10 Ways to Change the Culture of Long-Term Care in the U.S
Bell, Virginia, Troxel, David, Aging Today
A growing movement is underway in the United States to look at the culture of care in long-term residential programs as it affects the staff, residents and care-givers. According to the Pioneer Network, the organization of innovators in long-term care based in Rochester, N.Y., "Cultural change is the transformation of traditional institutions and practices into communities in which each person's capabilities and individuality are affirmed and developed." Cultural change is considered vital since so many long-term care programs in the United States are struggling with regulatory, financial, staffing and programmatic challenges. An individual working in long-term care can become an agent of change by taking the following steps.
1. Innovative Staff Training. Staff members can become proactive in changing training to meet their needs. Some of the old ways of training by just attending lectures or watching videos without feedback are simply not effective learning tools. Staff training is serious business and needs to be taken seriously. It should involve everyone-including administrative staff and others not in direct care-and it should be interactive, with games and role playing, storytelling, discussion and follow-through. To be effective in today's world, training must take into consideration the cultural diversity of staff and be sensitive to their needs. In addition, many staff members can benefit from training in life skills-such as money management, assertiveness, teamwork and anger management-to enhance their lives and help them become more effective in their work.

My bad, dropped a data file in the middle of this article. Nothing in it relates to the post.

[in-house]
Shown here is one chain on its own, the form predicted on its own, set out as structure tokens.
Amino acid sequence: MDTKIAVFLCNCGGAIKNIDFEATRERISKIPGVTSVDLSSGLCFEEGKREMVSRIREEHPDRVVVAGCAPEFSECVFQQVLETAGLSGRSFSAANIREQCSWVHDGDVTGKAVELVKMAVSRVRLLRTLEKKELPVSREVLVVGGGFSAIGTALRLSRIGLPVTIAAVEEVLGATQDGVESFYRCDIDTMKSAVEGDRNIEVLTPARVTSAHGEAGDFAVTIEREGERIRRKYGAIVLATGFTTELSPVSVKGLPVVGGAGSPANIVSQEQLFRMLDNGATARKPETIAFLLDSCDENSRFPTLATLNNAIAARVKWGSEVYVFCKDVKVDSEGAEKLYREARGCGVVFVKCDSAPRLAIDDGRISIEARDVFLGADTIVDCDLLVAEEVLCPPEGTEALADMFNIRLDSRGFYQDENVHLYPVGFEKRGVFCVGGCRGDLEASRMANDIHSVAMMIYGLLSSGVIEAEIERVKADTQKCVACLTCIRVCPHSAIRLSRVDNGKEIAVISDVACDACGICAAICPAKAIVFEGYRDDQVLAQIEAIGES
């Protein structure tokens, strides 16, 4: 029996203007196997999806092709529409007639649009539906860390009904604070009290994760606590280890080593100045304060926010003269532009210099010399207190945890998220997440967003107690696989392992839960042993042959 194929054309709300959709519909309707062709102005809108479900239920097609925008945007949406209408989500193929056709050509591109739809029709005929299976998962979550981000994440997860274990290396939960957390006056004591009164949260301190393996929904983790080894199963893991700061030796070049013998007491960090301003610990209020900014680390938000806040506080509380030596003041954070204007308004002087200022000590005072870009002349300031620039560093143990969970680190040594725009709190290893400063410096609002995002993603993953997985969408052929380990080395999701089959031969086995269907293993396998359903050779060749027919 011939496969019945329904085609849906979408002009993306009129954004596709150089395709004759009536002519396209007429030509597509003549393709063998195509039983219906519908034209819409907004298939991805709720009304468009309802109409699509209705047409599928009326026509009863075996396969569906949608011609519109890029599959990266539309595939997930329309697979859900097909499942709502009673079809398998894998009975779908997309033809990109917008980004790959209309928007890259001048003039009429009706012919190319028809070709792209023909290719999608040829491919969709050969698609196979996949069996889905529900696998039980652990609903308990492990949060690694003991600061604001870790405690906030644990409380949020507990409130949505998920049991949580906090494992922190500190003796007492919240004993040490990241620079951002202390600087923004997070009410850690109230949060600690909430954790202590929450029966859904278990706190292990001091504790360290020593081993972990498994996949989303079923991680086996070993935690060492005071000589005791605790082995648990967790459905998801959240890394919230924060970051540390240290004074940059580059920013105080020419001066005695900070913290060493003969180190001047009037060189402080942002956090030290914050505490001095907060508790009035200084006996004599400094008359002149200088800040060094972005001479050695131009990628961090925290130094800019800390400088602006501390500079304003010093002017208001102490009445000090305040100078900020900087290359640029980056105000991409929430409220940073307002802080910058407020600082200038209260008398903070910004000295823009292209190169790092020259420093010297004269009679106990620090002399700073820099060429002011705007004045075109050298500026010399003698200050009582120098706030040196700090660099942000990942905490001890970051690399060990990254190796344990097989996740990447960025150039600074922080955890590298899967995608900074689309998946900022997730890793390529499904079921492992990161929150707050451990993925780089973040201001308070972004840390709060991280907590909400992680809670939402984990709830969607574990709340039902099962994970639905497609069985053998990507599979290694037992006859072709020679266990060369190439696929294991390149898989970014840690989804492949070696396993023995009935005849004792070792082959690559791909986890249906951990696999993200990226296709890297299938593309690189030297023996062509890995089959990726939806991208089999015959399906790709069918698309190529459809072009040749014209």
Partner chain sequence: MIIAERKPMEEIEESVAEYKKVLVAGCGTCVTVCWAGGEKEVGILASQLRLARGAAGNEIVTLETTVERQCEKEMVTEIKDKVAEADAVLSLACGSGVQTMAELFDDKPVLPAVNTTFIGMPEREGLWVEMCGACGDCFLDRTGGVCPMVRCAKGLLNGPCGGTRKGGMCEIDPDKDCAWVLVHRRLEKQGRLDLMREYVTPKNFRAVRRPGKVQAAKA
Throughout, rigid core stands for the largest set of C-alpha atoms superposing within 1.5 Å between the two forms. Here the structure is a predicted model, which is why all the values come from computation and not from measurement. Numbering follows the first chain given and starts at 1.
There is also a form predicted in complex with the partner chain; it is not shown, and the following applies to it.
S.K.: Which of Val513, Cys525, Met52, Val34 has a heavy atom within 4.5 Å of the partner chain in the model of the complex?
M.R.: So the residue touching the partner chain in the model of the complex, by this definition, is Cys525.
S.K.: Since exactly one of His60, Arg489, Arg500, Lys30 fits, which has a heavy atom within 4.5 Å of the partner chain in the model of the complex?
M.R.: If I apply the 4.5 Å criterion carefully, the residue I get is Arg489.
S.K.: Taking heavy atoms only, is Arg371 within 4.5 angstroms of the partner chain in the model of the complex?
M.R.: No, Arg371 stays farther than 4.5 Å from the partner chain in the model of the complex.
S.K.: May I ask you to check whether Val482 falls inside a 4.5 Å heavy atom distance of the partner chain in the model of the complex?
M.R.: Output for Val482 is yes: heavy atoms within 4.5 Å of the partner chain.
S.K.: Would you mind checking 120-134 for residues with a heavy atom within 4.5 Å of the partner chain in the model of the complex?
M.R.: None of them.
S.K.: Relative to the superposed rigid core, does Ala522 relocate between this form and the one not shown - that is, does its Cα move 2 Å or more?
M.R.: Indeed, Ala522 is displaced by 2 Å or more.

2. Team Building. Almost all long-term care programs strive for effective teamwork, but it is easier said than done. Particularly when turnovers is high, teams are hard to sustain. Competition and in-fighting between shifts can be particularly pronounced. Teams are built when staff members get a chance to know each other across position boundaries, and role playing can drive home the importance of teamwork. Many effective programs also insist that staff change shifts now and then to help them make new friends and understand the ebb and flow of a residential care community. Team-work is also enhanced many times over by subscribing to universal work concepts and embracing an inclusive activities philosophy (see #7, below).